Manual Cinema has been creating experimental shadow puppet-based work since 2010, blurring the line between an animation studio and a theater company. A collective of five artists from disparate backgrounds -- theater, visual art, music -- act as the creative directors of each project, writing and realizing animated stories collaboratively. Almost all of Manual Cinema's work is told entirely without dialogue, relying on visuals, puppetry, sound, and music to convey the story.
Manual Cinema is based in Chicago, and CHICAGOLAND was conceived from a question about the invisible ecosystems that coexist with human society in the company's own urban neighborhood. The questions was related to director Ben Kauffman's interest in rewilding, and how a city like Chicago might look in the future as humans redesigned a more sustainable urban environment. To develop this story further, the Manual Cinema artistic directors realized that we needed additional input from experts: researchers and thinkers who have intimate knowledge of urban wildlife and ecology in Chicago.
A series of email correspondences and conversations with researchers like Gavin Van Horn (The Center for Humans and Nature) and Mason Fidino and Seth Magle (Urban Wildlife Institute | Lincoln Park Zoo) expanded our notion of what the city is: not just a place for and by humans, but instead an intersection of human activity, animal life, and ecological systems. These conversations fed directly into our creative development of CHICAGOLAND, and based on this research, the idea for the central character of a coyote began to emerge. Perhaps the most visible example of how the city of Chicago acts as a meeting place between the urban and the wild, CHICAGOLAND coyotes are also extensively studied and tracked, which provided us a wealth of research for everything from character design and behavior to devising a mise en scéne that reveals Chicago's unseen wildness and permeable boundaries.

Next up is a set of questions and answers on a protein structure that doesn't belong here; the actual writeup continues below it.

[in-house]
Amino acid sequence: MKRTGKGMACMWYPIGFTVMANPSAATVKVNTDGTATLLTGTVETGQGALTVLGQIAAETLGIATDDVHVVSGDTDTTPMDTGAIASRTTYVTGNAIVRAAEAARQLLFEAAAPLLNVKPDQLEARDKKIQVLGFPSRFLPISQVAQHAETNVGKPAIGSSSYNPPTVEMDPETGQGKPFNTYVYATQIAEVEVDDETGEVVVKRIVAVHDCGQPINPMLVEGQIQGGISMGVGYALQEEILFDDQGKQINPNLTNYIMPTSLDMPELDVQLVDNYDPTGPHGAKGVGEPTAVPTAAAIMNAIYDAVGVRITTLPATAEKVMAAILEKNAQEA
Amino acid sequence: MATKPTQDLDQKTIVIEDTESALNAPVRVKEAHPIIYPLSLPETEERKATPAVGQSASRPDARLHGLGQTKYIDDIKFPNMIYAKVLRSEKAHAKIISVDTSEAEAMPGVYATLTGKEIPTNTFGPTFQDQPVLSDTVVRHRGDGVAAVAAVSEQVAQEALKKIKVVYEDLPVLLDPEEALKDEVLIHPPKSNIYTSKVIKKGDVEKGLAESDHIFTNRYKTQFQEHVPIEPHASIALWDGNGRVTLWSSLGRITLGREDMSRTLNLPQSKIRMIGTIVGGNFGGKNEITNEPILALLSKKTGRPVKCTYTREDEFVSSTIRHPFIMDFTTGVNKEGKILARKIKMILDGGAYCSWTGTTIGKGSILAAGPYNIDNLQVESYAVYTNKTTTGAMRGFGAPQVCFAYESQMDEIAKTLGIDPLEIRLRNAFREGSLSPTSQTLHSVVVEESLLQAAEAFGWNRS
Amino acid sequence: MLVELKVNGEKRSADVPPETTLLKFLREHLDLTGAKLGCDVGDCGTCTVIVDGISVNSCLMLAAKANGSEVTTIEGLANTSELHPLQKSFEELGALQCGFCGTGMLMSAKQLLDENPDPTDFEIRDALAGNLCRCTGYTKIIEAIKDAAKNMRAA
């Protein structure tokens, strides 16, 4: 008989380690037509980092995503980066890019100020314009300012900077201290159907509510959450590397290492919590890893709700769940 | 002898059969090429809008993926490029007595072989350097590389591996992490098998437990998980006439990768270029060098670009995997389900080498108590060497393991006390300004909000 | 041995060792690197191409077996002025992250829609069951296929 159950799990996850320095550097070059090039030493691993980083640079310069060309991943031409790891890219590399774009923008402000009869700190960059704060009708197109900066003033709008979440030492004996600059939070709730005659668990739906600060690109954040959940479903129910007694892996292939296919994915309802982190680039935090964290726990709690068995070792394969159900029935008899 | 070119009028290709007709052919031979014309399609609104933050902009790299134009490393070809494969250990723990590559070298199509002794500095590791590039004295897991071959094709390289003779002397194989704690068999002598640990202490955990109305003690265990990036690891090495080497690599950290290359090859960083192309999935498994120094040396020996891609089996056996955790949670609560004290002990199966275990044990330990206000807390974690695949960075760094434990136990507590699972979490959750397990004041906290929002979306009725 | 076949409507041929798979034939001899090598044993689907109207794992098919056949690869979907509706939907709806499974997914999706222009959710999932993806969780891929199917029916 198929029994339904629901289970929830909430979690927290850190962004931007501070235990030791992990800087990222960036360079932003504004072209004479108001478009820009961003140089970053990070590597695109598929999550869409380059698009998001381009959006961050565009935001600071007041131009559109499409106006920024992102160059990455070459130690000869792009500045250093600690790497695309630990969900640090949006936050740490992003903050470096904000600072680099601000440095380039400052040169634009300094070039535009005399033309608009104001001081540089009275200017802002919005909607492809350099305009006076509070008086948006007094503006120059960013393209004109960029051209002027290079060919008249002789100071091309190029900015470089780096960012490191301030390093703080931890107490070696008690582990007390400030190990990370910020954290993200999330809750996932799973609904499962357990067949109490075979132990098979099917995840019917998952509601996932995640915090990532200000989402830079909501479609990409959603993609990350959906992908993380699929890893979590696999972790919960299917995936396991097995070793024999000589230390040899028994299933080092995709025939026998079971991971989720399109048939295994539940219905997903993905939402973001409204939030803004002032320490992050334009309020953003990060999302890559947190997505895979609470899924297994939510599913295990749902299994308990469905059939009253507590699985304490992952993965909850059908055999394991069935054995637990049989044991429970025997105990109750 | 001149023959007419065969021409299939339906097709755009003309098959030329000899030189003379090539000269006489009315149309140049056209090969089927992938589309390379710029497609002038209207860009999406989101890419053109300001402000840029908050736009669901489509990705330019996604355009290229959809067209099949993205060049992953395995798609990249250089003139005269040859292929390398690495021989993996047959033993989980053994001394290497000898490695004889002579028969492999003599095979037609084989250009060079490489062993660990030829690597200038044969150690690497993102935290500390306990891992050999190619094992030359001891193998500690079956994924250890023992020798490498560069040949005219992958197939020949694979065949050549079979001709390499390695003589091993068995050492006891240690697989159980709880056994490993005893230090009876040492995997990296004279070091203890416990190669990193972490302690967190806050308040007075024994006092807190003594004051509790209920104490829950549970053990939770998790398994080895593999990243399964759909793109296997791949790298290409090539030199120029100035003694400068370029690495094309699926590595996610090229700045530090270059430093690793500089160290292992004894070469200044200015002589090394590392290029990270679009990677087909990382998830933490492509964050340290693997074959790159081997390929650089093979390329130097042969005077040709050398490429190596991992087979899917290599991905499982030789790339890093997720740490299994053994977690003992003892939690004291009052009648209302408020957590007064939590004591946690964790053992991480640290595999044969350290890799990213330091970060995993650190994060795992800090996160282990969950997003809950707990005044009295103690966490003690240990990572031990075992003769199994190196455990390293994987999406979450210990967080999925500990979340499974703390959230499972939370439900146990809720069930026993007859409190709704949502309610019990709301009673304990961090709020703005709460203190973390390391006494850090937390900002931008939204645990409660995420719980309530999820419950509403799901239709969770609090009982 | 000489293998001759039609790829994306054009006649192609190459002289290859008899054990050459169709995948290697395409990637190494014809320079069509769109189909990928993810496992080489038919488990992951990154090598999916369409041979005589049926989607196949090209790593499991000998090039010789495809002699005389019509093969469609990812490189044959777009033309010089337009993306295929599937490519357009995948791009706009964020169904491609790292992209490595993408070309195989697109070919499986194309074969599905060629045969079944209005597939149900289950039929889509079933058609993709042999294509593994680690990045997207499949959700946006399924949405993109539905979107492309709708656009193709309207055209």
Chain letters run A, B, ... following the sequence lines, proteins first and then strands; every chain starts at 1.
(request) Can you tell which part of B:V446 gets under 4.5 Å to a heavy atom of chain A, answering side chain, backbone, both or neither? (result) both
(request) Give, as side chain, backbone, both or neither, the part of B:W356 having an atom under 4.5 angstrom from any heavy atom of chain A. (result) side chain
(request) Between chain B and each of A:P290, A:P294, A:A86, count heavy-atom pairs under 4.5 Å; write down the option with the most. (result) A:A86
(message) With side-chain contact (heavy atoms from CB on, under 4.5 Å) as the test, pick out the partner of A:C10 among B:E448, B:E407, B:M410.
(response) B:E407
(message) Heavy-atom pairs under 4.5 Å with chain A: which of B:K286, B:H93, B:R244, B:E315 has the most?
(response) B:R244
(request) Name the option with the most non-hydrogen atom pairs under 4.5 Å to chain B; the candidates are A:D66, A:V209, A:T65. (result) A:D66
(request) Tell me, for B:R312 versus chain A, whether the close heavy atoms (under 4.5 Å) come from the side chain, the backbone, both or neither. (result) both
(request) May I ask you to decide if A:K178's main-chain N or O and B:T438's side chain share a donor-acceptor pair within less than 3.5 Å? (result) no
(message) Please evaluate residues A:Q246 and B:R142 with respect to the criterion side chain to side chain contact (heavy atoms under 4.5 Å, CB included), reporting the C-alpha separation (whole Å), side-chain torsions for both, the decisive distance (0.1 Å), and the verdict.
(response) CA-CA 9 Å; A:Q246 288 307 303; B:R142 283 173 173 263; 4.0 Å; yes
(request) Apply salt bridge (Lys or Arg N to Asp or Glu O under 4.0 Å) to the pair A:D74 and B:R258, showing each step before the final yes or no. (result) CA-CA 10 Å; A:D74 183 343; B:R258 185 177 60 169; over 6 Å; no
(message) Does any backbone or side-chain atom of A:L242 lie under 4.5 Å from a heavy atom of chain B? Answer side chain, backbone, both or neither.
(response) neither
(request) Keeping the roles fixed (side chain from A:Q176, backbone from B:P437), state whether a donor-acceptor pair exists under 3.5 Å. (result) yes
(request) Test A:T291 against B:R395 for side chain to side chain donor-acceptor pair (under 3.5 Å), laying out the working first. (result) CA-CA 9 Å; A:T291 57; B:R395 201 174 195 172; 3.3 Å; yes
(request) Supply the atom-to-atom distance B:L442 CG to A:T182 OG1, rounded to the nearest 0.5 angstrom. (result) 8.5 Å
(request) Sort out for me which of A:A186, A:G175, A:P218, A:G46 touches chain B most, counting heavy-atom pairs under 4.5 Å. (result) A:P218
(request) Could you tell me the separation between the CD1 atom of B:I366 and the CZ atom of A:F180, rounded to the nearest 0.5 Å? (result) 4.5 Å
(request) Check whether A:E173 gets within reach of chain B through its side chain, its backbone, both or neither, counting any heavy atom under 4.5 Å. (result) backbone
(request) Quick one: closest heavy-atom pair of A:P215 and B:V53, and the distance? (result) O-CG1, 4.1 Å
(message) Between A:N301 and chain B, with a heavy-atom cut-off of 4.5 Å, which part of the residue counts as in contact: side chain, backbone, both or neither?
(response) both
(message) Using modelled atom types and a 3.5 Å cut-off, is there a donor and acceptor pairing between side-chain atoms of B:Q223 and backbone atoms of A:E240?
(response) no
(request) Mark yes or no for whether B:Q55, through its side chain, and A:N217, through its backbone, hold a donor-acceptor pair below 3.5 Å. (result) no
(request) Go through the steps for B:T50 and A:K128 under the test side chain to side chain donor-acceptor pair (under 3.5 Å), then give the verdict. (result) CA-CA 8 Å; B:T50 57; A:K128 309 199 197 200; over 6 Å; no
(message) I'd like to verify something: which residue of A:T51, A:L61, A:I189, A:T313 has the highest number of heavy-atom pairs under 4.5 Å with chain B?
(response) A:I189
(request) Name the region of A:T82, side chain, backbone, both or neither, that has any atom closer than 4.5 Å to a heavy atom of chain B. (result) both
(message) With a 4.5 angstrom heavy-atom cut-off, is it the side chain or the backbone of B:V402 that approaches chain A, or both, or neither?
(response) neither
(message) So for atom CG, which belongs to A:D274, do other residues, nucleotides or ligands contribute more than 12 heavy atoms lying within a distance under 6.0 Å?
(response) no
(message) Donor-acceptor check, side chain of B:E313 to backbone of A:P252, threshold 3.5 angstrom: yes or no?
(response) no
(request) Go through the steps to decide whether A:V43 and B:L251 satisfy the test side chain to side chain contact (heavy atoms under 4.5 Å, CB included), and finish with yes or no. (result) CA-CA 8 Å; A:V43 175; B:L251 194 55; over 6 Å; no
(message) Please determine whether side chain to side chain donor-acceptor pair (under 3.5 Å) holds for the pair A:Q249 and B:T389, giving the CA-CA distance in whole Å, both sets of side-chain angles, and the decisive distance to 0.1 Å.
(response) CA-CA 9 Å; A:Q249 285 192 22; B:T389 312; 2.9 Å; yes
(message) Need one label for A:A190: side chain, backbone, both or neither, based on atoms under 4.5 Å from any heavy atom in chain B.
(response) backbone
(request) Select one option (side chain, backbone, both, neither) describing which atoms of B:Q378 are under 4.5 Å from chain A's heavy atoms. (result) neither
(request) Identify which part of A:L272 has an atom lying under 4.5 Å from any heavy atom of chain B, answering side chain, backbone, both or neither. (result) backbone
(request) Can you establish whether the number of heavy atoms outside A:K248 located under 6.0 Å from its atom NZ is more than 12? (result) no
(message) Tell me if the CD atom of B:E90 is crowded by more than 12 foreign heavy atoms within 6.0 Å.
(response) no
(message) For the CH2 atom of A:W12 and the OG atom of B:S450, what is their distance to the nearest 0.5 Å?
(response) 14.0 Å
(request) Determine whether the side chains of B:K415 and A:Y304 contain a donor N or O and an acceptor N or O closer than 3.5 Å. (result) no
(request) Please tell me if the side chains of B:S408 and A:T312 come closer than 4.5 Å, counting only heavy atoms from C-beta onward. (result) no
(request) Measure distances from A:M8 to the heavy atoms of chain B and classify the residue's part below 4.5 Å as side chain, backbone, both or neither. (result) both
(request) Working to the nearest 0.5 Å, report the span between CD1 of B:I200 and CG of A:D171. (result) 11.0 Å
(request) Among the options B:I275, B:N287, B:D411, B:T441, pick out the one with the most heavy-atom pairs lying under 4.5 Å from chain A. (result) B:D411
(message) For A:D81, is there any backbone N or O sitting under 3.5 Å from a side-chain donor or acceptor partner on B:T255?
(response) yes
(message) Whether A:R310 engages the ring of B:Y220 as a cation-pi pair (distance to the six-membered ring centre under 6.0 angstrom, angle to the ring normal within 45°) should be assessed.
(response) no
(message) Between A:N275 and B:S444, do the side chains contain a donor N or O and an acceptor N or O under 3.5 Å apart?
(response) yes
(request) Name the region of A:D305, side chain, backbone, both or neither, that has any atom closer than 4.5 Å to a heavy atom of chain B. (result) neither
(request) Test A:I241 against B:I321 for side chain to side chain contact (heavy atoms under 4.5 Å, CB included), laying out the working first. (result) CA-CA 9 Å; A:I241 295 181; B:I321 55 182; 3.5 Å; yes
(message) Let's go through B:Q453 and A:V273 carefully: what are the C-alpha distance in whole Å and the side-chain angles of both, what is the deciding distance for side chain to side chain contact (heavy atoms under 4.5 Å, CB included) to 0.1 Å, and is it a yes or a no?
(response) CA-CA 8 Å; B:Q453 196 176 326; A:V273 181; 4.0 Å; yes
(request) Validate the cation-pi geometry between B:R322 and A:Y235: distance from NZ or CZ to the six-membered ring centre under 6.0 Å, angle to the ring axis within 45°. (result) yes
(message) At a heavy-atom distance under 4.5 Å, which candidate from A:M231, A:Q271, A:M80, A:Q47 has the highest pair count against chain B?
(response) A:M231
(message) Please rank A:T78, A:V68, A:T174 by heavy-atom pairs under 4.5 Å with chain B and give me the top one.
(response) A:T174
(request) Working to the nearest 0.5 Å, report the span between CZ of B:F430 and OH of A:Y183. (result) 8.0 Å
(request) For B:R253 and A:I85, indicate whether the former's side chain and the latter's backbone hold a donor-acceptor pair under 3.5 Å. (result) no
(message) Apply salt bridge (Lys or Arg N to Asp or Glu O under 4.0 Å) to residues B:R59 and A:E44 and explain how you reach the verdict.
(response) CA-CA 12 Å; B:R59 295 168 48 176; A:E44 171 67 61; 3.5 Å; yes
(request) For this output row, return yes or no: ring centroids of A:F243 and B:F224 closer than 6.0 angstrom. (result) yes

Once a script and storyboard were in place, Manual Cinema began the process of bringing the coyote to life. CHICAGOLAND's animal and human characters were all created using paper shadow puppets, built with multiple articulated joints to simulate as closely as possible the real movement of an animal like a coyote. Each puppet was first designed on a computer by puppet designers Lizi Breit and Drew Dir; the individual limbs (legs, tails, ears, etc.) were "printed" using an automated paper cutter, then assembled by hand. Manual Cinema puppeteers animated the shadow puppets by hand, using strips of transparent film that disappear on camera instead of strings or rods. These puppet performances were shot on the surface of a light box, then digitally composited with an environment in post-production. Once shooting wrapped on the puppetry, composer Kyle Vegter and award-winning percussionist Matthew Duvall (eighth blackbird) set to work collaboratively creating a score that captured the world of the coyote character through music and sound.
CHICAGOLAND director Ben Kauffman talks with Seth Magle and Mason Fidino of the Urban Wildlife Institute at the Lincoln Park Zoo about how scientists are working to understand Chicago's coyotes and other urban wildlife.
Gavin Van Horn of The Center for Humans and Nature discusses coyote encounters in Chicago and the role of storytelling in fostering understanding of other urban creatures.
Matthew Duvall, percussionist of eighth blackbird, uses looping pedals to perform the propulsive original score of CHICAGOLAND.